Coincidentally, when I got your comment, I had JUST walked down Wilshire Blvd. to the building that used to be the Mexican restaurant where I watched the dreaded 2004 election the season we “met”. I was wearing clothing, though.

  2. I agree making stuff up is hard..and for now my blog is anonymous…me getting my thought out rather than anyone I know knowing..if that makes sense :-)
    I prefer reading the personal stuff, other people’s stories, I think everyone’s story is important..and there’s a book or a zillion in there somewhere.
    So make up stuff that’s real and make it a book? That’s my hope.
    I wish you a day of peace and joy tomorrow x

  3. I’m a new reader of your blog and I understand much of what you stated here. I too keep a bit of a “veil” around me, maybe because we do feel vulnerable with our words out here for so many to read.
    Either way i enjoy your blog and Happy Birthday!!!!!

    1. Thanks, free penny!

      Yes, the veil we wear … issues of privacy, anonymity, vulnerability, etc., are complicated, but meanwhile, isn’t it an exciting time to be a writer?

  4. Great post!!

    Being true to yourself (especially when you’re vulnerable!) helps others to feel that they’re not alone in what they’re going through! It’s a good thing!

    Yup, 43 is time to give up insecurity!! You can never be questioned about your personal testimony, or your personal saga!! It’s yours, and you can express it however you wish!! Amen!

    Keep blogging!!

  5. Everyone tells their story or some version of it, large or small, every day. It’s part of the human condition. It’s how we connect with each other. It’s how we learn and it’s how we grow. Writing a blog is just telling your story. It’s not really any different than answering the question, “How are you?” or “Tell me about your day.” Actually, I take that back. It is different. It’s better because, when it’s done well, the words you use express not just your story, but the story of other people who don’t have the words to tell it themselves. That’s not something to be self-concious about. That’s something to celebrate. And you have the words. Celebrate it.

  6. I feel exactly like this. I’ve only just started my blog, and I’m worried that I’m doing it all for myself in order to get attention! I think only two people actually know about my blog from my real life, and I worry a lot that what I’m talking about is stuff that no one wants to hear about. It’s great to hear that I’m not the only one, and I hope you had a great birthday :)

    1. Hi Runes. Welcome to blogging! I’m so glad you commented. Checking out your blog reminded me of how it felt 5 years ago when I was starting mine — happy writing memories & lots of friends made along the way. Enjoy! & Good luck on your dissertation.

  7. “I kept a boundary between my day-job self (public – ‘in real life’ – 3D – Ruth) and my soap-box-activist, melodramatic philosophizing artistic self (roolily – Ruth at Mary and Bob’s Journal).” I feel the same way — and not only kept a boundary in terms of my writing, but in terms of the feelings I show people — or, I guess, don’t show. I’ve always had a wall up. But I posted one of my most personal essays on my blogs a few weeks ago, and felt the exact same way — a bit terrified, nervous, silly and … at the same time … relieved. A “coming out”is a great way to put it — I do have feelings, and I do like to write about them and even share the in a public online forum. Love your blog, keep it up!

    1. Thanks so much, Alyssa. So, I just popped over to “your place” and saw the quote about building ships — something like, “A ship in harbour is safe, but that’s not why ships are built.” It occurs to me that that could be an analogy for writing. Blogs let us set our compositions to sail (where they promptly run into storms and capsize. :) … ha, no) where they land on distant shores and afford adventures previously unimagined.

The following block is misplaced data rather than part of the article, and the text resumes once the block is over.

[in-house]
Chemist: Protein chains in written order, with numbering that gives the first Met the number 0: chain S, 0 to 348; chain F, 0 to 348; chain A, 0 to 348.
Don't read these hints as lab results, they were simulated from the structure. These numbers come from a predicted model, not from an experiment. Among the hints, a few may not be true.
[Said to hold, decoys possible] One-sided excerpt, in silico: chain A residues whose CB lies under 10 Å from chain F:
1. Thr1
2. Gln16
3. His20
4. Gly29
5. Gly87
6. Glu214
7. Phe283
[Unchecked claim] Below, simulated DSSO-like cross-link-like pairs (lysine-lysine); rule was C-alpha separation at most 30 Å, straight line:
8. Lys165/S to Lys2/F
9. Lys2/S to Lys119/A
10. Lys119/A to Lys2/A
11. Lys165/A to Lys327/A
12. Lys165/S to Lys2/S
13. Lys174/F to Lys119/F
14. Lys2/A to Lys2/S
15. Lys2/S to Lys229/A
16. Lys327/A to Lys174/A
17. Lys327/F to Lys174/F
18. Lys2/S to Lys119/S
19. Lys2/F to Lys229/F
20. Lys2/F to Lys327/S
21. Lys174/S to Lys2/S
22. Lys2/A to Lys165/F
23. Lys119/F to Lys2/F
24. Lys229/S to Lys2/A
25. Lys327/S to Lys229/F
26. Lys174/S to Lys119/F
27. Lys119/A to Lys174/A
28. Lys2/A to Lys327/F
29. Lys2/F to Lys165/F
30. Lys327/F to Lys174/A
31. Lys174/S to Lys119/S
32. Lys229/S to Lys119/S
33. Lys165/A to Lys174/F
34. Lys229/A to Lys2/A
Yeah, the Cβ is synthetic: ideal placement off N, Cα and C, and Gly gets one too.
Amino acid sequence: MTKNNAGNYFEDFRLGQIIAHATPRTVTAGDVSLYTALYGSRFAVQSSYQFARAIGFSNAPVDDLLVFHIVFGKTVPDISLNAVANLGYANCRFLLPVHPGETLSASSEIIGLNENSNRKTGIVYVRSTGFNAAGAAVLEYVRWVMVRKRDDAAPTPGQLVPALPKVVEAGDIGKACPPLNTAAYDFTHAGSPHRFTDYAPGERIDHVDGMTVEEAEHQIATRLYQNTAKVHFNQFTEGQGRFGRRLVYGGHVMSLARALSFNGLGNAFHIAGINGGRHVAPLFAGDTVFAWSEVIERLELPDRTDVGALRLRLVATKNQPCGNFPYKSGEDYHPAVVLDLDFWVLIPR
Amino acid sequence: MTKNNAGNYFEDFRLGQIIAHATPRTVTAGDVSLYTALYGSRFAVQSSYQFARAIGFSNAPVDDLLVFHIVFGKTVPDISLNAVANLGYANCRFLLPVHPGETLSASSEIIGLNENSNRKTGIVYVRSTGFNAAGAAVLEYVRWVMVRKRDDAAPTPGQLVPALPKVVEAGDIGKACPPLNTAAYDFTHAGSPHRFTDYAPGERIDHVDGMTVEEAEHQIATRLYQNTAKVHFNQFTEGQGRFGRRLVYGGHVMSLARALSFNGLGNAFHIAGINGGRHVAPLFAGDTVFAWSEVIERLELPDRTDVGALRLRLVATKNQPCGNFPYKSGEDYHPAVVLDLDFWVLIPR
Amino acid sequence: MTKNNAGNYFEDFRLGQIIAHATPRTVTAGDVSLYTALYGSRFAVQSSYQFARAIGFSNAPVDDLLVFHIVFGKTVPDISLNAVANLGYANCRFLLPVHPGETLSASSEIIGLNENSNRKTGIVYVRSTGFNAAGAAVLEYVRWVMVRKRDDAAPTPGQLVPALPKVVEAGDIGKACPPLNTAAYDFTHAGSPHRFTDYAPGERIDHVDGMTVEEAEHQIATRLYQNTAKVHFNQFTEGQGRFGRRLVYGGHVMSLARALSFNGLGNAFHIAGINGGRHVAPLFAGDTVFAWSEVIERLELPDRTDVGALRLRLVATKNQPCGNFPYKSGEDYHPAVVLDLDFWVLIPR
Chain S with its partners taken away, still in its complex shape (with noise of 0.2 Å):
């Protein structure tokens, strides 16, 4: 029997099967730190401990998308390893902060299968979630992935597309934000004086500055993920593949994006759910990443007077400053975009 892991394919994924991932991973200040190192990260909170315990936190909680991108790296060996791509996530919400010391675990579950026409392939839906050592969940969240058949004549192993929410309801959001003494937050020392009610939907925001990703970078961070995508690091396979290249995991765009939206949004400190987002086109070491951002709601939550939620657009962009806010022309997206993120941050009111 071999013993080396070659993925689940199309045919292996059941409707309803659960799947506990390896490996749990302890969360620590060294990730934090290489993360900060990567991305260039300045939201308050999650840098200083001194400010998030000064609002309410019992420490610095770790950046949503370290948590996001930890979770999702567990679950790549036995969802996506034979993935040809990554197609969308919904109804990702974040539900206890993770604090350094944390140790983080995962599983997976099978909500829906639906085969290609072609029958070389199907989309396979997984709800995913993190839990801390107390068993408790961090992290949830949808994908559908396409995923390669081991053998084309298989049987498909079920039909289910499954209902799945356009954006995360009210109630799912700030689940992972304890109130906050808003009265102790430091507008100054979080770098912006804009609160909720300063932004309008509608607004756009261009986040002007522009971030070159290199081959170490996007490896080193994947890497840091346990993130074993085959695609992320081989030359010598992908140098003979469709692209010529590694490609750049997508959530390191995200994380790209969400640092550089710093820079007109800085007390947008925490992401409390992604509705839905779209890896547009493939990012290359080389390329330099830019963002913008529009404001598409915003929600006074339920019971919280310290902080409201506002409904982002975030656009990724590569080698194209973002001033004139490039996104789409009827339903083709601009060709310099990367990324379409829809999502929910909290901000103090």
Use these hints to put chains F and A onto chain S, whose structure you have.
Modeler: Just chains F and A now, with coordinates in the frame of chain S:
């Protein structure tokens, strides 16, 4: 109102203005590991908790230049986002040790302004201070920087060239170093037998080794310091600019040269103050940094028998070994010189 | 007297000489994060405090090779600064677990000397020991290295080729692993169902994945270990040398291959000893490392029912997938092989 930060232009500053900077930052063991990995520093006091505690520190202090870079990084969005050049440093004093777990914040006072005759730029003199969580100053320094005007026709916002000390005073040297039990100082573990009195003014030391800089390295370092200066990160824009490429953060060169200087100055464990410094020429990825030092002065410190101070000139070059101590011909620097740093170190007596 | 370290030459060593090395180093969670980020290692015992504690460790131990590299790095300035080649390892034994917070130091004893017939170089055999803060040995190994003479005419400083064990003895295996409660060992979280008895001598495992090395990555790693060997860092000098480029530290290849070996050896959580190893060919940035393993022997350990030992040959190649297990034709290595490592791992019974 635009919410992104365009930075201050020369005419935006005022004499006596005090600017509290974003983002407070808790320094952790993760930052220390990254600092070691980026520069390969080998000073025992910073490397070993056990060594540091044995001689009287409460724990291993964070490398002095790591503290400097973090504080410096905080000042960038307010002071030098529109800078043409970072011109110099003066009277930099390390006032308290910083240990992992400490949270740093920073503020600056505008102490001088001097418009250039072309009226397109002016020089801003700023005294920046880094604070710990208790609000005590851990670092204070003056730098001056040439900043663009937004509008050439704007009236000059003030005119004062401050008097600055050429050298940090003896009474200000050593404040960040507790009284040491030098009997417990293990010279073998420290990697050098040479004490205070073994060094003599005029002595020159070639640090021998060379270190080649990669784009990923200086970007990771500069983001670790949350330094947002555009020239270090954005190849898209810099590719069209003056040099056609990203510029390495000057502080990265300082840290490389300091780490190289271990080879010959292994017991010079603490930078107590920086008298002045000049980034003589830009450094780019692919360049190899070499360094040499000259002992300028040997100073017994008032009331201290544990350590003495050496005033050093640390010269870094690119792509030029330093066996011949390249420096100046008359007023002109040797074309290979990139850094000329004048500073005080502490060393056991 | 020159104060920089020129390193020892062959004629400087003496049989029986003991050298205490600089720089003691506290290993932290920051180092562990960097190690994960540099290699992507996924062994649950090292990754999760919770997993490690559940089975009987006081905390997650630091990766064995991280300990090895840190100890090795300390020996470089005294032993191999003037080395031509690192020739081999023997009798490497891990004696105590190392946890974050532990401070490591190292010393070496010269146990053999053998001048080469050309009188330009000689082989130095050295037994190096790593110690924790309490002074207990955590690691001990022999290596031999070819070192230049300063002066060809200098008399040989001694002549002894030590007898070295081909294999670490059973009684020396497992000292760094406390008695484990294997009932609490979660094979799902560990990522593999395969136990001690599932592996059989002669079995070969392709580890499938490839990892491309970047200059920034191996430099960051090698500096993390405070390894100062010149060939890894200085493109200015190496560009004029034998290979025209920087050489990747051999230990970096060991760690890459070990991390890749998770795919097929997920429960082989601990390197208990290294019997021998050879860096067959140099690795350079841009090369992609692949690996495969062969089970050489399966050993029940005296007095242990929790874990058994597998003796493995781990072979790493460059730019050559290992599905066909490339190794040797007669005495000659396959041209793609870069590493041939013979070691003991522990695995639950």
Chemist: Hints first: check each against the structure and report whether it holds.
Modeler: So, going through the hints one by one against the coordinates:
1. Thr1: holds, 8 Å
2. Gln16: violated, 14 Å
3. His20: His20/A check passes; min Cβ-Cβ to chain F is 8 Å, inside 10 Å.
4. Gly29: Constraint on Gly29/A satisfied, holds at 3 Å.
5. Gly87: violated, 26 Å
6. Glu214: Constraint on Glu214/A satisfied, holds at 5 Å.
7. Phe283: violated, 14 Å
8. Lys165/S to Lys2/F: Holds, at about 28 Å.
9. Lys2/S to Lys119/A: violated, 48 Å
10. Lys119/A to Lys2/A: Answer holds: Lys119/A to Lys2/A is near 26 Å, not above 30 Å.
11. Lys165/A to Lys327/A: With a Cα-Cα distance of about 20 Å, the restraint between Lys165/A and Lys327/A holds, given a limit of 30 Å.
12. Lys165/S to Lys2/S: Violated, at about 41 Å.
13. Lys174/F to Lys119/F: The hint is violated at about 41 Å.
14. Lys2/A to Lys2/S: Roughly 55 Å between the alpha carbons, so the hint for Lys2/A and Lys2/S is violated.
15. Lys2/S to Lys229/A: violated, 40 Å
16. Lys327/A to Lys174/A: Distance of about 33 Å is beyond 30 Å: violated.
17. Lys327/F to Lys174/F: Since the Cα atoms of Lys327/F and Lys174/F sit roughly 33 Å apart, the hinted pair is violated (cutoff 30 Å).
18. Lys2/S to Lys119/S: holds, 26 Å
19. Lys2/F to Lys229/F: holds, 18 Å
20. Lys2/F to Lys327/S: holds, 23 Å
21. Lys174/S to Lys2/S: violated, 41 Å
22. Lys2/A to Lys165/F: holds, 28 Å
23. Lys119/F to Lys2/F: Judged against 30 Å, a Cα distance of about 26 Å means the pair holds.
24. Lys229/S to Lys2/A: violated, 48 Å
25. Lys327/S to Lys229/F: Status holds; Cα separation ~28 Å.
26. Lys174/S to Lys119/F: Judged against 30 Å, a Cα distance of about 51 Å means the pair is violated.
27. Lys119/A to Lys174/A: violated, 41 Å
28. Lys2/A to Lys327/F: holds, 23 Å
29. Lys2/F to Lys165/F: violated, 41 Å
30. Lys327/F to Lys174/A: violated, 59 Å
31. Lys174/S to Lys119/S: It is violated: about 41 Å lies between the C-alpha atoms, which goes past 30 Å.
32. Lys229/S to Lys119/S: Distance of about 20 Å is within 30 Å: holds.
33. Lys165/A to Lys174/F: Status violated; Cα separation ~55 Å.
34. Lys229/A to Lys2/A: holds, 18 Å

Oh, I don’t know.. I guess there’s a time and a place for walls, too. If only I could reconcile it all. Happy blogging to you.

  8. In many ways, I don’t deserve to be included on that list because I frequently hide behind fiction or half-truths. I completely understand the embarrassment about blogging because it can feel so raw. It is not just writing. It is YOU. With fiction, you can hide behind the characters. It is more of a product for others to read. Blogging is an open source personal diary. You know others are reading it, but it is scary when others acknowledge that it is being read.

    1. Thanks, Neil. I so appreciate your reading & commenting. You bring up a good point. Who’s to say it’s not fiction or half-truth, right? And what’s non-fiction to one is totally imagined to another. I guess I ought not let over thinking get in the way of story telling.

  9. woww… awesome post Ruth… you are me!!!… thats totally me talking…. each and everything you wrote there was bang on…except for the age, and some other things… thats exactly how I feel about my blogs… finally i ve opened up and started posted on facebook… but seriously its been feeling like a big mistake lately… because these are things I dont even talk to my best friends..and these things I definitely I dont wana talk infront of those who are just dying to hear some stories about me… but i ve gone too far in expressing my slightest feelings and truths abt me that I hadnt shared before… its like alot of things about me are out in the open…still behind a thin sheet of cloth, because i ve kept it vague but i m sure they all can make out the whole outline of the entire activity behind the cloth… but then i tell myself that i dont care about these people… I ve decided to be open, and soon I will be over the stage where what people think matters…and i ‘ll get through clean and safe….
    and woman what you said about fiction, thats exactly what i’ve been thinking that may be i shud write about my feelings and stories, and they’ll be camouflaged in the entire fiction, nobody will be able to extract the truth from fiction… but then i am stuck with the idea: how on earth will i be able to write fiction…i cant make up stories…
    i loved reading your post… that sounded just like me, but more because i ve been questioning myself lately about being open, that is it a mistake?… because when certain people come up to me and ask me ‘has this happened? is that why wrote this’ then it just seems foolish sharing my posts with people….or may be I just avoid these people… ah some confusion!

    1. mirrormon, I’m so glad this post resonated for you. Hopefully, with practice, we’ll both become more confident and make communication choices we can feel good about. Thanks so much for reading & commenting.